Fatima does a great job of raising questions and providing an open space for observation and discussion. Is it transcendence or limited human knowledge? It’s certainly a matter of faith. So, then, what are the boundaries for faith and who’s place is it to make that call?

Lucia’s environment collapses even further as the church swoops in, condemning her actions and alleging it’s the Devil trying her young soul. The mayor of the town, trying to advance political agendas within the recently formed Republic of Portugal (1910), also stands in firm opposition to Lucia and the attention she’s drawing to Fatima. Even some of the family’s neighbors spit venom.

When Lucia’s told if she simply admits she made it all up, all will be solved, it powerfully points to the upper hand easily prescribed to man-made rules. You can’t keep a secret from a priest, she’s told, on the one side. On the other, rallies are deemed illegal and the church is closed.

No matter how it’s divvied up, ultimately, beliefs — in God or otherwise — guide lifestyles and dictate actions. Sometimes, the end results can be damaging with remarkably restrictive (or overly liberal) rules and tunnel vision that precludes so many positive possibilities. But it works in 360 degrees; no one viewpoint is necessarily excluded from a contrarian view.

And therein lies the beauty of how the movie is structured. Nichols' conversations with Sister Lucia allow for further consideration of the extended history, both of the miracle and those involved. In one of those sequences, it’s revealed cousin Jacinta’s body was exhumed — and it was still completely intact.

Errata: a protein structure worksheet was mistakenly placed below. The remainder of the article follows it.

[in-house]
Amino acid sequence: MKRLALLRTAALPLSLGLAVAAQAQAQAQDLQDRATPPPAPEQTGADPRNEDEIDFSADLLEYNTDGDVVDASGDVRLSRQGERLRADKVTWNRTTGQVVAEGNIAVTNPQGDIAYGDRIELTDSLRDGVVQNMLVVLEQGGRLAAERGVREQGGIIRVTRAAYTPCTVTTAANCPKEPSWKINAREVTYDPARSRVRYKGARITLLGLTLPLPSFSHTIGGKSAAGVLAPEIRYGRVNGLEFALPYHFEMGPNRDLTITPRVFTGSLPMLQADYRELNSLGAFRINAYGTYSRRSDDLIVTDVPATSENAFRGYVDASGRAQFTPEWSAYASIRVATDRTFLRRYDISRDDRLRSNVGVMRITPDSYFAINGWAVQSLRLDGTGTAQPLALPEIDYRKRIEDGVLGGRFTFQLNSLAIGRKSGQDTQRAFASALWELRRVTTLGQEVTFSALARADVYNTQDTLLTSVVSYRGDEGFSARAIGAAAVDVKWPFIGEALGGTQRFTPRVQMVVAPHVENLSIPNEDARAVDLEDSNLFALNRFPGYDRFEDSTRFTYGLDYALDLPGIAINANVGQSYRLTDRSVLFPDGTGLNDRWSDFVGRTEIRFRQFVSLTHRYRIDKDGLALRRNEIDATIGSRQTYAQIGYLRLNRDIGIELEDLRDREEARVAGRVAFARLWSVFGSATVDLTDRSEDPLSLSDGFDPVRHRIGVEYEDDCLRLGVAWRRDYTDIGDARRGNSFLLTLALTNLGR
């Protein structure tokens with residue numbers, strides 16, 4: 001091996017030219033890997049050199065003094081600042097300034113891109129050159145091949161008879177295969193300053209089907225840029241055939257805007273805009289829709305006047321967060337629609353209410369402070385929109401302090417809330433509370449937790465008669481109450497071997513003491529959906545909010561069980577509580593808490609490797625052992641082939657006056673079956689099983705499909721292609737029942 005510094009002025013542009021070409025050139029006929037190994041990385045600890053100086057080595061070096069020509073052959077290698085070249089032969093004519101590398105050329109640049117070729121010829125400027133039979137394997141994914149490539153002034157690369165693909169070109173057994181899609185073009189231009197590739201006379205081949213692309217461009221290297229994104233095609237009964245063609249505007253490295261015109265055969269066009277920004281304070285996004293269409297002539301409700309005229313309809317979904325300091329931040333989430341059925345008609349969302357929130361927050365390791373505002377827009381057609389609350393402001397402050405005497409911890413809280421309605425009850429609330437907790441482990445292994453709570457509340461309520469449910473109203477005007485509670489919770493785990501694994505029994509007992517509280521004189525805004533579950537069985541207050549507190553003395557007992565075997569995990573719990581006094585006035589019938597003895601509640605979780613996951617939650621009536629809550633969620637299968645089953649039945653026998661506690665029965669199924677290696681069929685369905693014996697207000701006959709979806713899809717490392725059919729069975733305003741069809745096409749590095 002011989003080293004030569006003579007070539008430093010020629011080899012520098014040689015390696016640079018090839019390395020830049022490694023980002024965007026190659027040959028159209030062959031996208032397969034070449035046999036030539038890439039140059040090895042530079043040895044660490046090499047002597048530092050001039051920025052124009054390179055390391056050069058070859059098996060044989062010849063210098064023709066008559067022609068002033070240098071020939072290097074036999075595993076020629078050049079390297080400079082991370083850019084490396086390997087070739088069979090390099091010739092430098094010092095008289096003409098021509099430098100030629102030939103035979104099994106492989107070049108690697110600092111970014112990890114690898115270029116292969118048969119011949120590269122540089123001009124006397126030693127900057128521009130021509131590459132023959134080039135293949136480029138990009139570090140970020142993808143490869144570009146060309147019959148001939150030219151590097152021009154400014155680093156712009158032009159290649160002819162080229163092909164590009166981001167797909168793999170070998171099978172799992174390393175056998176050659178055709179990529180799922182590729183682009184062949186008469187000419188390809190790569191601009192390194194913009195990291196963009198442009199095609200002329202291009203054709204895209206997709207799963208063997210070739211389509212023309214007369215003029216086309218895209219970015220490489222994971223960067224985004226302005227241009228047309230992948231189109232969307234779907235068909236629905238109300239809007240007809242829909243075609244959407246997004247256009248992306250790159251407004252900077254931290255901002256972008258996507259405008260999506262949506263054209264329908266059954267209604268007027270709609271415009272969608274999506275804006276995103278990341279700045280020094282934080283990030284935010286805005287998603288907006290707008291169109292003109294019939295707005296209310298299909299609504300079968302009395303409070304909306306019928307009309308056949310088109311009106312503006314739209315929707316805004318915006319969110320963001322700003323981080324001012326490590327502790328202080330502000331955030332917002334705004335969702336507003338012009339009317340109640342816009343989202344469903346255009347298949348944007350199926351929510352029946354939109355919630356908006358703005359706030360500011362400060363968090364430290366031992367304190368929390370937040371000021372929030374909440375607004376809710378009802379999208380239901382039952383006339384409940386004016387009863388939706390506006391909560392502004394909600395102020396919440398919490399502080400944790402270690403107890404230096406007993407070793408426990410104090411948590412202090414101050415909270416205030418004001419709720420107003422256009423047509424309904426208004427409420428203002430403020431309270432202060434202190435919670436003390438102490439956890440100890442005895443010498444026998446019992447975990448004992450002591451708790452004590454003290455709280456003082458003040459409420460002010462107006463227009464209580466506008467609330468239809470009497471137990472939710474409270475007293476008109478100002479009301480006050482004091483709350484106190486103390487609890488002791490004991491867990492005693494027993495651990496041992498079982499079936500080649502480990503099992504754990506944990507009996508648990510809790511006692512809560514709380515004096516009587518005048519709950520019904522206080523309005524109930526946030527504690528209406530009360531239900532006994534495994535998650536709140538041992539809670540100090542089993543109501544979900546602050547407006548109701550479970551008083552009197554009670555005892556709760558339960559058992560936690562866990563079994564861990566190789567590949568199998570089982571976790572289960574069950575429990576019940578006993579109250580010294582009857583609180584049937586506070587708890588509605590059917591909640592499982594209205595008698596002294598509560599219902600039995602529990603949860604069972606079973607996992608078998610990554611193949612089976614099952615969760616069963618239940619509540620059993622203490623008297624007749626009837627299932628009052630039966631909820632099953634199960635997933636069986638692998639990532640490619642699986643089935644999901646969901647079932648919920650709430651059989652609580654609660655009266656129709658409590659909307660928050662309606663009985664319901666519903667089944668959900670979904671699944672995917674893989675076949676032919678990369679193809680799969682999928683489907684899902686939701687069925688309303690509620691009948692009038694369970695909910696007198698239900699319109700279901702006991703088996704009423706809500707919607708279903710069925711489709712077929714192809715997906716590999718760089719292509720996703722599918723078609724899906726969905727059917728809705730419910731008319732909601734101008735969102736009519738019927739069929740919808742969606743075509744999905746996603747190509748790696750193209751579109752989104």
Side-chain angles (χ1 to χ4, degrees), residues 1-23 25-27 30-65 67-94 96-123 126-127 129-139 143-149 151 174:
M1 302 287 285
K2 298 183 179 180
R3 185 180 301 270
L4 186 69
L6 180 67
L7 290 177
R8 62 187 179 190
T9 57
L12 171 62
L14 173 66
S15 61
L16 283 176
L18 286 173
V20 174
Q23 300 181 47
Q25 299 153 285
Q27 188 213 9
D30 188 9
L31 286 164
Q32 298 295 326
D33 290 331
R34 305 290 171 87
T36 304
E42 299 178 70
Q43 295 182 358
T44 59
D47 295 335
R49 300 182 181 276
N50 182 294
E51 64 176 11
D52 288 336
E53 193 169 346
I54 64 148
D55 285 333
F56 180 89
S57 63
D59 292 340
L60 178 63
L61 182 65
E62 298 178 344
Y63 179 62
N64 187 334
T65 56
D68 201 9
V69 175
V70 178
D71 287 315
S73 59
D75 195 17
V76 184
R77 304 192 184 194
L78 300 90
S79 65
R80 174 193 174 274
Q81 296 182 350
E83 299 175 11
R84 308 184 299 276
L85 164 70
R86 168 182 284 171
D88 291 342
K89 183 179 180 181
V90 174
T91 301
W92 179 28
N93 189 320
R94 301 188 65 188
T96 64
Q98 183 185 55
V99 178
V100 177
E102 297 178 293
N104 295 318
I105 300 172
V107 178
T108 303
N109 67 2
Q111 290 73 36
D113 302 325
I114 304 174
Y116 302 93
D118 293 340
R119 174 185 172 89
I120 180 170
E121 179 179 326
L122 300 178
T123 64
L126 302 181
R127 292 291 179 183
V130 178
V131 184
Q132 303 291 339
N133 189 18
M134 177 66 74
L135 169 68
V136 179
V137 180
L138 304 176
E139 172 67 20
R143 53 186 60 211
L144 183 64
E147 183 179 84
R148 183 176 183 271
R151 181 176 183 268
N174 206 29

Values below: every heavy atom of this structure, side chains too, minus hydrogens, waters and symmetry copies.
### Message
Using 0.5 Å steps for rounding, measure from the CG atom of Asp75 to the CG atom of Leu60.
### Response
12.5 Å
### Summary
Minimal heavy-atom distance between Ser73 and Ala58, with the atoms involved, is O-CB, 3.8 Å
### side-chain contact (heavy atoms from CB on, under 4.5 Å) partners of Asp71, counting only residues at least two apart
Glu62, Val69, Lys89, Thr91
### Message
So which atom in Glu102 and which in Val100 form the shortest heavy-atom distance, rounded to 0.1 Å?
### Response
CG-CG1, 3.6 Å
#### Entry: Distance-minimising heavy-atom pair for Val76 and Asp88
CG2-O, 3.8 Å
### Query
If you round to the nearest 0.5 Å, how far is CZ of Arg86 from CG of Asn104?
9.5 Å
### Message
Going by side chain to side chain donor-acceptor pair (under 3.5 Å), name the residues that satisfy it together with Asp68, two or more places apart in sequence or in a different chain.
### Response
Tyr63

Mere coincidence? Simply unidentified factors? It’s most definitely a stunning revelation. The movie mentions it and then lets it linger as yet another facet to the full story.

Believing Is Seeing

As the movie ends and historical, black-and-white photographs from the original event are displayed, even more facts are presented that continue to raise the bar for the value of the story and this movie.

The Miracle of the Sun was witnessed by some 70,000 people on a hillside in Fatima on Oct. 13, 1917. As prophesied by Mary to Lucia, her cousins both died so young, in the very next year, as victims of the Spanish Flu; in 2017, they were both canonized as saints.

There’s also a quote from Albert Einstein, “There are only two ways to live your life. One is as though nothing is a miracle. The other is as though everything is a miracle.” Digging further into the material surrounding Fatima, there’s this one from St. Augustine, “Miracles are not contrary to nature, but only contrary to what we know about nature.”

And as the author of this review likes to say, “It’s better to believe in something positive than to believe in nothing.”

Those quotes perfectly sum up one of the core tensions in Fatima, tensions that continue today and will in all likelihood never stop. There are man’s rules and there are God’s rules. All of it turns into a spellbinding study of both progressive ideologies and conservative values standing staunchly intolerant in the face of pure tolerance. It’s a dynamic that pleads for coexistence while also being in a perpetual state of intransigence. “Knowledge should mean tolerance,” Nichols asserts. But that’s a relatively uncommon result.